Sacral (5) Coccyx (4) Talking Points: Vertebrae are irregularly shaped bones with a hollow space in the middle, which houses the spinal cord. They each have a spinous process that can be felt as bumps along the center of a person’s back. The sacral and coccygeal vertebrae are fused together to form the posterior portion of the pelvis. Discussion Topic: Describe the anatomy of the spinal column. Discuss how the spinal cord is protected. Class Activity: Using a skeleton anatomy model, have students label the regions of the spinal column. Knowledge Application: Line up students to form the five regions of the spinal column. Have each group discuss its role and its vulnerabilities. Critical Thinking: If the brain and spinal cord are so well protected, why are there so many injuries? How does human activity overcome these basic protective structures?

16 Injuries to the Skull and Brain
Teaching Time: 40 minutes Teaching Tips: Take care to differentiate the concept of open and closed head injuries from other open and closed wounds. This often can be confusing. Discuss the role of pressure. Describe how increasing pressure threatens the contents of a closed container. Relate this to the signs of herniation. Emphasize the need for reassessment in brain injuries. Require that students learn the Glascow Coma Scale. It is part of the language of health care. Make it a routine part of practice.

17 Injuries to the Skull and Brain
Scalp injuries Lots of blood vessels Profuse bleeding Skull injuries Open head injury Closed head injury Points to Emphasize: Scalp, skull, and brain are the different classifications of a head injury. These injuries can be further subdivided into concussions, contusions, lacerations, and hematomas. The skull is fractured in an open head injury. The skull is intact in a closed head injury. Talking Points: Scalp injuries should be treated like any other soft tissue injury and controlled via direct pressure then bandage. When the bones of the cranium are fractured and the overlying scalp is lacerated, it is considered an open head injury. If the scalp is lacerated but the cranial bones are intact, it is considered a closed head injury. Discussion Topics: Discuss the difference between a closed head injury and an open head injury. Describe the assessment findings associated with an open head injury.

18 Brain Injuries Traumatic Brain Injuries (TBI) Concussion Contusion
Coup Contrecoup Laceration Hematoma Subdural Hematoma Epidural Hematoma Intracerebral Hematoma Talking Points: Direct injuries to the brain occur in open head injuries, with the brain being lacerated, punctured, or bruised by the broken bones or foreign objects. Indirect injuries occur from shock of an impact on skull that is then transferred to the brain, including concussion and contusions. TBIs may be brief or long term with permanent damage to the brain. In a concussion, patients may not be aware there was an injury and there is usually no detectable damage to the brain. A contusion to the brain will often occur if the force is great enough to cause the brain to rupture blood vessels and then bounce off the opposite side of the skull. Coup is the bruising to the brain on the side of the blow. Contrecoup is the bruising to the opposite side of the brain from the rebound. Lacerations may be caused by the same forces that caused a contusion or from a direct penetration through the cranium. A hematoma is a collection of blood within tissue and is named for its location within the cranium. A subdural hematoma is a collection of blood between the brain and the dura; an epidural hematoma is a collection of blood between the dura and the skull; an intracerebral hematoma occurs when the blood pools within the brain. Knowledge Application: Use a programmed patient to simulate head injury scenarios. Have groups of students practice assessment and appropriate treatment.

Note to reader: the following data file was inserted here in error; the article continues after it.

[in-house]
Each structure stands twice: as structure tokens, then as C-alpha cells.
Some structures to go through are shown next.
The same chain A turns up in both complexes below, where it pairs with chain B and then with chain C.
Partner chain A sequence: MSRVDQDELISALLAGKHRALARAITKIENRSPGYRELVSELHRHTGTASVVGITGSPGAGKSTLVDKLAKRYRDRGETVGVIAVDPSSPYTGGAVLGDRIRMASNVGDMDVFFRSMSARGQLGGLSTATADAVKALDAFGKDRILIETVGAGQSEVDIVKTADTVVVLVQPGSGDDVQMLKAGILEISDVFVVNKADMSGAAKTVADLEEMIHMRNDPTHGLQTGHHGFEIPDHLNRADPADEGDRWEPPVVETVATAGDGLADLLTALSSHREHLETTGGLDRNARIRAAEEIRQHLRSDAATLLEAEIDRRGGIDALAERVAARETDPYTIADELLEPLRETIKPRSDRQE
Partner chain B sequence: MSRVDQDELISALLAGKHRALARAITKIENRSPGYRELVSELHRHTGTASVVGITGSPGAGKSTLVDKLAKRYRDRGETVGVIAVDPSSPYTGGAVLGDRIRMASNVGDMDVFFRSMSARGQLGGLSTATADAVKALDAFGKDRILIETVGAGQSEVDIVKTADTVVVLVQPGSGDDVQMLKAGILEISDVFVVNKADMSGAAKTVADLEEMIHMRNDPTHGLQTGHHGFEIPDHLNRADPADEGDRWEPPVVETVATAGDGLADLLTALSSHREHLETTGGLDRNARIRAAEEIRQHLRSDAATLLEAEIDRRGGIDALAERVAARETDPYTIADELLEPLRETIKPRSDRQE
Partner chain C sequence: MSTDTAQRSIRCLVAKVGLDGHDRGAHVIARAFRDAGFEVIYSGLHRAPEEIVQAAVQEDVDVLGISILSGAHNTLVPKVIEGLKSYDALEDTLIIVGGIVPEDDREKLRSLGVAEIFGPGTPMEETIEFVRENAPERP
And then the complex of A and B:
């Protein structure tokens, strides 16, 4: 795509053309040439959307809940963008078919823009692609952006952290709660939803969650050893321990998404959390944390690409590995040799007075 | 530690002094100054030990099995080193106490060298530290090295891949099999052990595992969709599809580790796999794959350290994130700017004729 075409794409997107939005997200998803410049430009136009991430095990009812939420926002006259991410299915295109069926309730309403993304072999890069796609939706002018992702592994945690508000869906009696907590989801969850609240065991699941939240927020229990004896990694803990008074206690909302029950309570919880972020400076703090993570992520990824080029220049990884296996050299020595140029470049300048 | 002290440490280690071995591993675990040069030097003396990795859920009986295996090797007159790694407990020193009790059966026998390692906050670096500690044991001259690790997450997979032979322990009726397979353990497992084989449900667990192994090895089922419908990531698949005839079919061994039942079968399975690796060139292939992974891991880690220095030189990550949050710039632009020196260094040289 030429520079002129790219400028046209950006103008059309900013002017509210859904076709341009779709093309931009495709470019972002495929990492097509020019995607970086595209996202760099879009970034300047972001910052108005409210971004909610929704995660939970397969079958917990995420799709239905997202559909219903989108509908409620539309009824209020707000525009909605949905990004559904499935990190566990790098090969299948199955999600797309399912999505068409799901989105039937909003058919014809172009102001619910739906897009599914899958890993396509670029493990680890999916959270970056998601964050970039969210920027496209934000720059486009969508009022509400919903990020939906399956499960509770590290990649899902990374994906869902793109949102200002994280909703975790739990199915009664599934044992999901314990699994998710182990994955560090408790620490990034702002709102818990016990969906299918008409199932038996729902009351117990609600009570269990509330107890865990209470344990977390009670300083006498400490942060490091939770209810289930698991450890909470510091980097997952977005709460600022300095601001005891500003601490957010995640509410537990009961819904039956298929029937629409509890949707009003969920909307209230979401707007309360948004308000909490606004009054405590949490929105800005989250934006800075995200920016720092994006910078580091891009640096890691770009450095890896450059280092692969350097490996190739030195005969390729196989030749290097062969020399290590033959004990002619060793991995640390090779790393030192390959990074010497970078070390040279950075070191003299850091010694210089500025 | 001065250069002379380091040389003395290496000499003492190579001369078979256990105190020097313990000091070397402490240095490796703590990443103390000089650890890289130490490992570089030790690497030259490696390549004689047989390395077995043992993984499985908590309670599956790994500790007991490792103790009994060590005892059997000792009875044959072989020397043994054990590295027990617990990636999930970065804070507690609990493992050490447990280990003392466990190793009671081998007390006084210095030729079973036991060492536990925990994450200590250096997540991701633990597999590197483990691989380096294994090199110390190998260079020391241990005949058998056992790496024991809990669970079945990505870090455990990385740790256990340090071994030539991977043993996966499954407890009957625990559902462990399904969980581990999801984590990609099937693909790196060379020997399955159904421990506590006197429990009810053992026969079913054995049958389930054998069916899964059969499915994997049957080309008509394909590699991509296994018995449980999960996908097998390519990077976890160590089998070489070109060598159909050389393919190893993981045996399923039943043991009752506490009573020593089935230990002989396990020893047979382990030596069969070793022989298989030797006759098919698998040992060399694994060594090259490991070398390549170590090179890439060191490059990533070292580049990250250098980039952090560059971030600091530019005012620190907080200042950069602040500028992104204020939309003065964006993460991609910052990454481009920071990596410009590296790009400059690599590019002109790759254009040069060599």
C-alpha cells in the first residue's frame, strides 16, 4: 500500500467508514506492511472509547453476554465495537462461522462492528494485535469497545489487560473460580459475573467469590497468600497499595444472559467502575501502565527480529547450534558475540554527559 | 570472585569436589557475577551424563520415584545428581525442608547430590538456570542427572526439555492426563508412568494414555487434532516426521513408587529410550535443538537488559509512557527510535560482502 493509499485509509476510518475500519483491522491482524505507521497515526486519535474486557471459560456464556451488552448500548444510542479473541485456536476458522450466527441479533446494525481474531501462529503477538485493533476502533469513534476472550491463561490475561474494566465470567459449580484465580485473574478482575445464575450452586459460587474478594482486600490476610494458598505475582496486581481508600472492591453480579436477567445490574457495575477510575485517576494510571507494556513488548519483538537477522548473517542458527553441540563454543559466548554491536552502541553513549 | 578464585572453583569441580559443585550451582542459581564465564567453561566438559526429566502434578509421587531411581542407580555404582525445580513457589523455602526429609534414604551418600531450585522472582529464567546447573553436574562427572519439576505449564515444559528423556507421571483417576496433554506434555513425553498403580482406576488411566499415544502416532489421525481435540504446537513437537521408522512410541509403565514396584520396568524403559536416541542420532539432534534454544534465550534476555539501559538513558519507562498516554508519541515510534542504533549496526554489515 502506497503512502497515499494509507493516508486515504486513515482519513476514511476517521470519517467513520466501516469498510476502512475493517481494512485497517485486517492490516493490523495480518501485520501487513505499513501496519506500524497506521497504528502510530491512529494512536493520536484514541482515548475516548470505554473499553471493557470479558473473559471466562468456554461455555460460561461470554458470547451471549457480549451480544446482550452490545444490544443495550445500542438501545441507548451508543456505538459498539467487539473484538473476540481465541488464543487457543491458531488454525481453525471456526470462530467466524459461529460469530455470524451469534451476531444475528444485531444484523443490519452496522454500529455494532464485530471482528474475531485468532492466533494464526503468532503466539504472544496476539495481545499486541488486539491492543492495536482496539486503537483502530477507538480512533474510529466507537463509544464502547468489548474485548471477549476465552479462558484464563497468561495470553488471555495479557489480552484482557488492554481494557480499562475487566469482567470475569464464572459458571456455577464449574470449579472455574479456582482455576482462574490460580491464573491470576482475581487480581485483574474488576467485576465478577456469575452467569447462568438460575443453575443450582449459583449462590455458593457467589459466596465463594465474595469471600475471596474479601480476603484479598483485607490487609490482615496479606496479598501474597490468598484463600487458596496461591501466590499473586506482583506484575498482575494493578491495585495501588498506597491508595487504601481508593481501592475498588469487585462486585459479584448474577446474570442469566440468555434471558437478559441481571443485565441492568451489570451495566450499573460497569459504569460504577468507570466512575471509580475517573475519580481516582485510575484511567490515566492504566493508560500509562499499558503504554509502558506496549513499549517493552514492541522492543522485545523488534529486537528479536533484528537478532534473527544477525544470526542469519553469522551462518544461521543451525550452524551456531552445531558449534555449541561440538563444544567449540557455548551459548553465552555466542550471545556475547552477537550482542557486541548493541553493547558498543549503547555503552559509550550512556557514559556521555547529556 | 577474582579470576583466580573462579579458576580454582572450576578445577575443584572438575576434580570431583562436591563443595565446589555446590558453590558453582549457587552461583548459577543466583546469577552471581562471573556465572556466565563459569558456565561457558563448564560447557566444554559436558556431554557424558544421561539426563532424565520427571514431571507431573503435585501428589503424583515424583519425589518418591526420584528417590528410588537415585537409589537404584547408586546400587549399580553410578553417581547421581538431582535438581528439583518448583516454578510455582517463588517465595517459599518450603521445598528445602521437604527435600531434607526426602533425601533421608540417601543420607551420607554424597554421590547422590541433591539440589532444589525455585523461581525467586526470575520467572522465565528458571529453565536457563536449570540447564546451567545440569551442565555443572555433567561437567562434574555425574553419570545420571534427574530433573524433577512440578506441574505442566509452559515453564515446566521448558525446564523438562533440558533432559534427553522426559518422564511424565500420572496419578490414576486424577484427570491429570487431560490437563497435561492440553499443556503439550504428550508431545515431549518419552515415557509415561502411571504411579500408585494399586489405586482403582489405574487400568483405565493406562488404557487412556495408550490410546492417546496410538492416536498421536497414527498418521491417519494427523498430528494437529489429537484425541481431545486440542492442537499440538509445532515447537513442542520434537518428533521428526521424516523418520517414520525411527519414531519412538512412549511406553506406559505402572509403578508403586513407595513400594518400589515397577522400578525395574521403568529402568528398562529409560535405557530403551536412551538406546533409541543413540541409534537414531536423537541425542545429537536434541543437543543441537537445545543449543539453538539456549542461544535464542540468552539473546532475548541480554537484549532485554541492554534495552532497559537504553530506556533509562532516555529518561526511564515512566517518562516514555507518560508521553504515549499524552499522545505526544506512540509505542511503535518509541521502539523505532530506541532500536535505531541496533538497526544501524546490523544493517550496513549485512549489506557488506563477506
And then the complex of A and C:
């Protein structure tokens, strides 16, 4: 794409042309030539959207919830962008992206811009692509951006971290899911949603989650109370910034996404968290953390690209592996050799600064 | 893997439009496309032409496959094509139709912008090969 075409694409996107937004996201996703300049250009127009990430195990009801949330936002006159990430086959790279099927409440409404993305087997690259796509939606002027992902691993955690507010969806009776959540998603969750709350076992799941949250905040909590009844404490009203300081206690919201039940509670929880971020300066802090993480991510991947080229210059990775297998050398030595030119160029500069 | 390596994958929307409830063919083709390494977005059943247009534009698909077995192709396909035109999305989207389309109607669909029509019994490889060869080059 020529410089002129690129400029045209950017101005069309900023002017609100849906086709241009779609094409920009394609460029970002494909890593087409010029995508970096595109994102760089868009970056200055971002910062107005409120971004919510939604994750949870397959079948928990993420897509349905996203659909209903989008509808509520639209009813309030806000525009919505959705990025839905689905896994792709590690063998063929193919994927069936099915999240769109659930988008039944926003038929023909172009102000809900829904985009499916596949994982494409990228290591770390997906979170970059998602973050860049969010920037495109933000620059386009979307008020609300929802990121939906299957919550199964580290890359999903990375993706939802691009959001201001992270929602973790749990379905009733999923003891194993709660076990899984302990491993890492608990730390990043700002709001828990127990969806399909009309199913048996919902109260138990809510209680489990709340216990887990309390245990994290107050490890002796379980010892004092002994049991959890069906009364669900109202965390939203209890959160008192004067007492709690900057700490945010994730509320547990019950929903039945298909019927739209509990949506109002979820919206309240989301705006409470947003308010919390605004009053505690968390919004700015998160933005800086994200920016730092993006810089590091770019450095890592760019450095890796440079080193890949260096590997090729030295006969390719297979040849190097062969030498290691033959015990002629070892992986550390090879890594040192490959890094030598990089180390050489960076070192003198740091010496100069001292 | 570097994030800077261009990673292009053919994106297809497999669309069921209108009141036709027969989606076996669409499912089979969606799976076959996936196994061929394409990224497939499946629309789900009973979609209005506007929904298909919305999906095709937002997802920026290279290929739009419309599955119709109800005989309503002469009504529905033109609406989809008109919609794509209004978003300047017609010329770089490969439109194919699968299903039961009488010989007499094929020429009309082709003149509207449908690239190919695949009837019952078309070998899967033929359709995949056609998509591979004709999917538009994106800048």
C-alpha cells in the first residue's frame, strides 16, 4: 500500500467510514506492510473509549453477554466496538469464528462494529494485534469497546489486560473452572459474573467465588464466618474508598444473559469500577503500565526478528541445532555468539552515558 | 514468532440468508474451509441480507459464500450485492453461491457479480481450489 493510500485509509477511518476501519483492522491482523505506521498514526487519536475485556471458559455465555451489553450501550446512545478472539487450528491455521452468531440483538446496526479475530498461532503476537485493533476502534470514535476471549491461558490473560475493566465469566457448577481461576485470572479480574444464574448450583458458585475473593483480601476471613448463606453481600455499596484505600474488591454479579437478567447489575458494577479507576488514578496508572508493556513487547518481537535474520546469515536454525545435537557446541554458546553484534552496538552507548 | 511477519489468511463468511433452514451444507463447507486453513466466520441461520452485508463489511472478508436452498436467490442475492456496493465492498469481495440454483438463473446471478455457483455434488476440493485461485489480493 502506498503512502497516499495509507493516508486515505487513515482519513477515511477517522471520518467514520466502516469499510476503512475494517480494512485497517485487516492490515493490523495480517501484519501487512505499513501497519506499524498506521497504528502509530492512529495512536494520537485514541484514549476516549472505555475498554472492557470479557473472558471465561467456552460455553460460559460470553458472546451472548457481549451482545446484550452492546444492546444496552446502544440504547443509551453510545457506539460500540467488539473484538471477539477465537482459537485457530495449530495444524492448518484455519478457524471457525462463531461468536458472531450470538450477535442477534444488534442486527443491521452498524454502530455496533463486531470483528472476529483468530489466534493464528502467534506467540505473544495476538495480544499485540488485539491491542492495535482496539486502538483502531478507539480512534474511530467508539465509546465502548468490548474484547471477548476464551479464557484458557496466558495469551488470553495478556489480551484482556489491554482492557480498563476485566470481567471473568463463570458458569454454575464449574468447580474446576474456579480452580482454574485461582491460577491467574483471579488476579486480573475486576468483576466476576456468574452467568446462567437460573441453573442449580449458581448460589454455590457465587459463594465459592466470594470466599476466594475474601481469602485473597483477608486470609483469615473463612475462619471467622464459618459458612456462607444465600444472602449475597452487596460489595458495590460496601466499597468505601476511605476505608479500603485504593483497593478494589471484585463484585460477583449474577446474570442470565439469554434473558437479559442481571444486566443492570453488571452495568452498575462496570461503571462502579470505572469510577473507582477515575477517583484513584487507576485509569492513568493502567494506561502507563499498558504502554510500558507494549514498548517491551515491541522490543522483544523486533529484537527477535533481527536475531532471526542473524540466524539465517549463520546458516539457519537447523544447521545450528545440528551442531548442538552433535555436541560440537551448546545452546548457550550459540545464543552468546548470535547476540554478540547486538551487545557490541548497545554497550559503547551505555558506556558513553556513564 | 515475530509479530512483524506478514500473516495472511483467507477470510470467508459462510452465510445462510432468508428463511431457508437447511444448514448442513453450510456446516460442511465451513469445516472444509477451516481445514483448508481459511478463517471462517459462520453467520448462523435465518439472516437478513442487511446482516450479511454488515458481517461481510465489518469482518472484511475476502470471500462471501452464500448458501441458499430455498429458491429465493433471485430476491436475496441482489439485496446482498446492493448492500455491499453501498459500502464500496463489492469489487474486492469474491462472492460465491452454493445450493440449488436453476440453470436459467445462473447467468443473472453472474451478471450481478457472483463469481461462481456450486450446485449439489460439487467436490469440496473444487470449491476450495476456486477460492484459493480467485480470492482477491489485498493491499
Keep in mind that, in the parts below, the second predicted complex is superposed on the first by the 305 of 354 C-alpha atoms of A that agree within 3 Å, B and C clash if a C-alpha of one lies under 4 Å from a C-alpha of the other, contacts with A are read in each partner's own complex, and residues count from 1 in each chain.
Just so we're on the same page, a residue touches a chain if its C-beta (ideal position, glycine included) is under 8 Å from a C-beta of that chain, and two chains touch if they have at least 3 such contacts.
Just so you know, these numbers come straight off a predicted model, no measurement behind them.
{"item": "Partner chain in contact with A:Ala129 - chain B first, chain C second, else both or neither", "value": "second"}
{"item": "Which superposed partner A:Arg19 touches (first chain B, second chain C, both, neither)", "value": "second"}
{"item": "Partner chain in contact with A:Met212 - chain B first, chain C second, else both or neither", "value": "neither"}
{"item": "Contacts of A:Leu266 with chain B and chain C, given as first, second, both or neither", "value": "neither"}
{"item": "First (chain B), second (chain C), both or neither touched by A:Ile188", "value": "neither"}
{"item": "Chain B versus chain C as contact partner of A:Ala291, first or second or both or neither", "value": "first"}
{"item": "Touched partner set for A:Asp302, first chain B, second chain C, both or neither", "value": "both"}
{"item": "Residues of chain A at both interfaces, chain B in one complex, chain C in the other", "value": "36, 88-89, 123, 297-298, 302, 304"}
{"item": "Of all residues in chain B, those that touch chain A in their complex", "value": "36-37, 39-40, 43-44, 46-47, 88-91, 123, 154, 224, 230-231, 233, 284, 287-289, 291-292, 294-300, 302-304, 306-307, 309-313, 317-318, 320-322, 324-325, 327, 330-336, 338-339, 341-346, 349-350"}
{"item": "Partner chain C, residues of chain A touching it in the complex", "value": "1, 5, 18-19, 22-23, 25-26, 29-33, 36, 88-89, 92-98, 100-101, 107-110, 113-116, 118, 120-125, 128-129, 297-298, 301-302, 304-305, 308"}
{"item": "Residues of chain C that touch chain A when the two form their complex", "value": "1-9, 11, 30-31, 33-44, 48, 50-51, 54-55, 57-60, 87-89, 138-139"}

19 Intracranial Pressure
Talking Points: There is limited room for expansion inside the skull. When a hematoma expands, it places pressure on the brain, compressing it. Since the skull is solid, the brain is forced to the only open space, the foramen magnum. When the intracranial pressure increases, the blood pressure must increase to pump blood into and perfuse the brain. As the brain and brain stem become severely compressed into the foramen magnum and downward, herniation can occur creating posturing. Discussion Topic: Describe the signs and symptoms of rising intracranial pressure. How would you recognize herniation? Knowledge Application: Present assessment and vital sign trends. Ask students to recognize increasing ICP. What further changes should an EMT anticipate? Critical Thinking: How might the signs of rising intracranial pressure mimic the effects of alcohol intoxication? How might an EMT differentiate the two?

20 Think About It Does my patient have a serious or potentially serious head injury? Should the patient be transported to a trauma center? Do my patient’s complaint and MOI indicate spinal stabilization? Is immobilization warranted?

21 Injuries to the Head and Face
Cranial injuries with impaled objects Stabilize object in place Injuries to the face and jaw Primary concern: Airway When possible, position to allow for drainage from mouth Point to Emphasize: The release of cerebrospinal fluid and the presence of “Battle’s sign”  and “raccoon eyes” can indicate an open head injury.  

22 Nontraumatic Brain Injuries
Many signs of brain injury may be caused by an internal brain event (hemorrhage, blood clot) Signs are the same as for traumatic injury, except no evidence of trauma and no MOI. Class Activity: Describe signs and symptoms of a head injury. Ask the class to decide if it is open or closed. Discuss treatment strategies.